21. @kerrinbinnie: ALP’s Palaszczuk: “What we have seen over the last 24 hours is an arrogant attempt by Lawrence Springborg to cling to power” #qldvotes

  22. The KAP members could easily settle this by saying they will support Labor until the result of the Court of Disputed Returns case is finalised.

  23. [“The KAP members could easily settle this by saying they will support Labor until the result of the Court of Disputed Returns case is finalised.”]

    Ferny Grove becomes irrelevant if KAP sides with Labor. (ALP would have 46 even if they lose Ferny Grove.)

  24. First of all, a hearty HAHAHAHA in the direction of those who thought Labor wouldn’t even come close.

    But Labor + Wellington isn’t a bad result. Actually, it is really good. I have faith Labor will fulfill all the terms, as most are quite reasonable and Labor policy anyway. Annastacia has done an amazing job.

    Time will tell if they get a proper majority under Annastacia next election.

  25. So now I can say congratulations to premier-elect Anna Paluszczuk! The sooner she gets named as premier the better. There are some who may be confused by the Borg trying to assimilate the title.

    With the LNP losing unexpectedly, and it taking so long to get a result, I bet there is now a lot of panicked paper shredding going on in every ministerial office in George Street.

  26. [“Hoping I can collect my winnings soon”]

    Me too 🙂

    The wait is frustrating, but taking money from over-confident LNP supporters is going to be sweet.

  27. http://www.news.com.au/national/katters-australia-party-release-demands-while-being-wooed-by-major-parties/story-e6frfkp9-1227213630808
    [Katter’s Australia Party release demands while being wooed by major parties
    February 10, 2015 8:29AM
    Jason Tin
    The Courier-Mail

    THE two Katter’s Australian Party MPs at the centre of Queensland’s leadership tussle have released their demands, including the removal of flying foxes and “abolition” of public service sackings.

    The 28-point list, issued to the major parties by Robbie Katter and Shane Knuth and detailed over 25 pages, also calls for a new Commission of Inquiry into “Government corruption”, the return of the KAP’s party status and “statutory marketing” for milk and sugar.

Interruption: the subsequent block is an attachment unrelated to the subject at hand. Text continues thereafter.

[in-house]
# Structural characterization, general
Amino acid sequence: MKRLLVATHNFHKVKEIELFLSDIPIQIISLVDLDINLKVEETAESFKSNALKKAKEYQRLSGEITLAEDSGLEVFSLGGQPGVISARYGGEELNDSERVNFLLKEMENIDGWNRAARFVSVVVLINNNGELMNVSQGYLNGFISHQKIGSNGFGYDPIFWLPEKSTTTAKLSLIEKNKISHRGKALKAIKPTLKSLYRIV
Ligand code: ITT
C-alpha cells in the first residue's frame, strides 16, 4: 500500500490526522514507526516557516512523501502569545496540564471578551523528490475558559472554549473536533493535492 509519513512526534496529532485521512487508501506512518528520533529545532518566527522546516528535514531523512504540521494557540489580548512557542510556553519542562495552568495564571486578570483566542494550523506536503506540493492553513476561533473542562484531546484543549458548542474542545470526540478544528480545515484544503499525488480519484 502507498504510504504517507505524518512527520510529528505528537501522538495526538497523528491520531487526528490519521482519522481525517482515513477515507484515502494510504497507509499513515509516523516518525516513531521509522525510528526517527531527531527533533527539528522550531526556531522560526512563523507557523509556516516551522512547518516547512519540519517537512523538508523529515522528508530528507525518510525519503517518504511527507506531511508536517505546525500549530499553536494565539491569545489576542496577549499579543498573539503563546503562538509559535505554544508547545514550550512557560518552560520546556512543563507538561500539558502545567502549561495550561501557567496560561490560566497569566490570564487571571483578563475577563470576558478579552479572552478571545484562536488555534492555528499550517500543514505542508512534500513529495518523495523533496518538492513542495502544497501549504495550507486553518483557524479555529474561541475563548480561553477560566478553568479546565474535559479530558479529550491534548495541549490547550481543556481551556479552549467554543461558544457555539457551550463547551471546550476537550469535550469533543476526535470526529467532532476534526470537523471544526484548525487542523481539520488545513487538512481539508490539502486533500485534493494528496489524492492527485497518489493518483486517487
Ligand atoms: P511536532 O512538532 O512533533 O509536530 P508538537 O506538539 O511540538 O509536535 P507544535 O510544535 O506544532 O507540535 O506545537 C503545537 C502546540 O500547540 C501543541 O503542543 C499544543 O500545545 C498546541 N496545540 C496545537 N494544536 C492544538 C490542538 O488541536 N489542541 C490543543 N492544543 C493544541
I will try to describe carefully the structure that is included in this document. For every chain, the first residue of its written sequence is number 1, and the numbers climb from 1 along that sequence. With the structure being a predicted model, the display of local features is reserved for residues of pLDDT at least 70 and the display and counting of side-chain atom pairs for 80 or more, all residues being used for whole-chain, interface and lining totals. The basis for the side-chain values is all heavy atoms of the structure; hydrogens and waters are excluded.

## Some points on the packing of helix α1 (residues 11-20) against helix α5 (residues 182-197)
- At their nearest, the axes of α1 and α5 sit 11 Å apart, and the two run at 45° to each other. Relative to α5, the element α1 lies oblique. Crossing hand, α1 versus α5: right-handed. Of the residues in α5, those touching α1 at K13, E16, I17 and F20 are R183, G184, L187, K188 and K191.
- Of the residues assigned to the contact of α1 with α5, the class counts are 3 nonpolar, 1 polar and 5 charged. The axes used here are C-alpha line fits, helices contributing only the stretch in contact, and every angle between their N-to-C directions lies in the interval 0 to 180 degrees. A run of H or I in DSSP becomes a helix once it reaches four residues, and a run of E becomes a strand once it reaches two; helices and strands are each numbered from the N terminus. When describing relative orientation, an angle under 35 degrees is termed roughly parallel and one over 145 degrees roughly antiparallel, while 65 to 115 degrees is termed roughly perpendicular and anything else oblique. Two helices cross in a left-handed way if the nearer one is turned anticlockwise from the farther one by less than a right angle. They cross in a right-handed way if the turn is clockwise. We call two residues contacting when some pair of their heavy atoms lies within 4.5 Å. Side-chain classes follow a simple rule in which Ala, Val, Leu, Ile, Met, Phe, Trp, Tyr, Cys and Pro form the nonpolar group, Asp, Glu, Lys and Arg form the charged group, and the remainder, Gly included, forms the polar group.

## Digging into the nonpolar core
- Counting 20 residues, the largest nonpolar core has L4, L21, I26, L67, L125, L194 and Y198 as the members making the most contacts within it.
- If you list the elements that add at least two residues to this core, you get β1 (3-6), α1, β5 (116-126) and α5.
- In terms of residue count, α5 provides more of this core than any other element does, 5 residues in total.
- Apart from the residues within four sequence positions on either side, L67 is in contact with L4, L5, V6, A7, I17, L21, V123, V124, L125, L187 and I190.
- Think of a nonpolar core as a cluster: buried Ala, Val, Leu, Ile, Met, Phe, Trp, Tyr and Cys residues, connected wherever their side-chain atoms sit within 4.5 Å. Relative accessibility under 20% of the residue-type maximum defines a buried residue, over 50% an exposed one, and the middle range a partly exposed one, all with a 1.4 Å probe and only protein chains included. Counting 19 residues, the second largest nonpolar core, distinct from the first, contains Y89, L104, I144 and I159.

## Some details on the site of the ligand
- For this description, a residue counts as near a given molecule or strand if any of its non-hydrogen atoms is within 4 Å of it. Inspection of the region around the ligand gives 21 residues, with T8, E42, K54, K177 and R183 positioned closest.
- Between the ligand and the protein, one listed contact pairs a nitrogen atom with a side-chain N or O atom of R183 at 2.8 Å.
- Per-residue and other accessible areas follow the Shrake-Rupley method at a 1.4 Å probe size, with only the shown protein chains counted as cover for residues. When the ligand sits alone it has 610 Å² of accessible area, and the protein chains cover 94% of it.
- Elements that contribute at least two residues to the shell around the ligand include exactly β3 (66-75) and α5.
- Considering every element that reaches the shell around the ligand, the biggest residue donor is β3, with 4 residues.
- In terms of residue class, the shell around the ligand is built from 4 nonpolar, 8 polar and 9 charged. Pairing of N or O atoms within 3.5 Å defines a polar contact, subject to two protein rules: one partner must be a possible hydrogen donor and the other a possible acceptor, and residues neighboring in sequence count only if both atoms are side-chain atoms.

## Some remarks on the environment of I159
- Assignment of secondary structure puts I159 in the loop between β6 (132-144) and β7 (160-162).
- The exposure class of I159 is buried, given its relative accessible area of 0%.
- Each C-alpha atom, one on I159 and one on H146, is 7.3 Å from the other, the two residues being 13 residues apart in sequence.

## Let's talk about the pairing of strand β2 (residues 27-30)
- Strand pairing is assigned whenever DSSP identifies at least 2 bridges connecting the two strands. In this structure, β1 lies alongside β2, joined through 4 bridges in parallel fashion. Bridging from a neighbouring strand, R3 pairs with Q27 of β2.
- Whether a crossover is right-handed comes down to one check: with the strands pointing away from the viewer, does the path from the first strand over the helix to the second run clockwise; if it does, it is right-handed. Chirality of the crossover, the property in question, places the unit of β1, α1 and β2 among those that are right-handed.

If the LNP is able to win Ferny Grove through a by-election, it could hold government with the support of the KAP MPs.]

  28. It seems in no seat has the counting after election night altered the outcome. All parties who led on Sunday appear to have won the seat. How dull.

  29. http://www.brisbanetimes.com.au/queensland/queensland-election-2015-campbell-newman-resigns-as-premier-20150210-13ak0r.html
    [Queensland election 2015: Campbell Newman resigns as premier
    February 10, 2015 – 11:22AM
    Amy Remeikis
    Queensland state political reporter

    Campbell Newman has tendered his resignation as Queensland Premier.

    But he will remain as caretaker Premier until Queensland has an answer as to who will govern the state.

    It is a question which has been left open since the January 31 election – who will govern Queensland.

    A hour later after tweeting his intentions to visit the Governor, a statement was released.

    “This morning I tended my resignation as Premier of Queensland to his Excellency the Honourable Paul de Jersey AC, pending the appointment of a new Premier,” he said.

    “In accordance with my constitutional duty, I have agreed it is my obligation to remain in Office as caretaker Premier until that time.

    “It is a duty I take very seriously and one I will continue to undertake to the best of my ability.”

    At this stage, there is still no answer as to when that time will come. A spokesman for Labor leader Annastacia Palaszczuk said they were still watching and waiting on the seat count.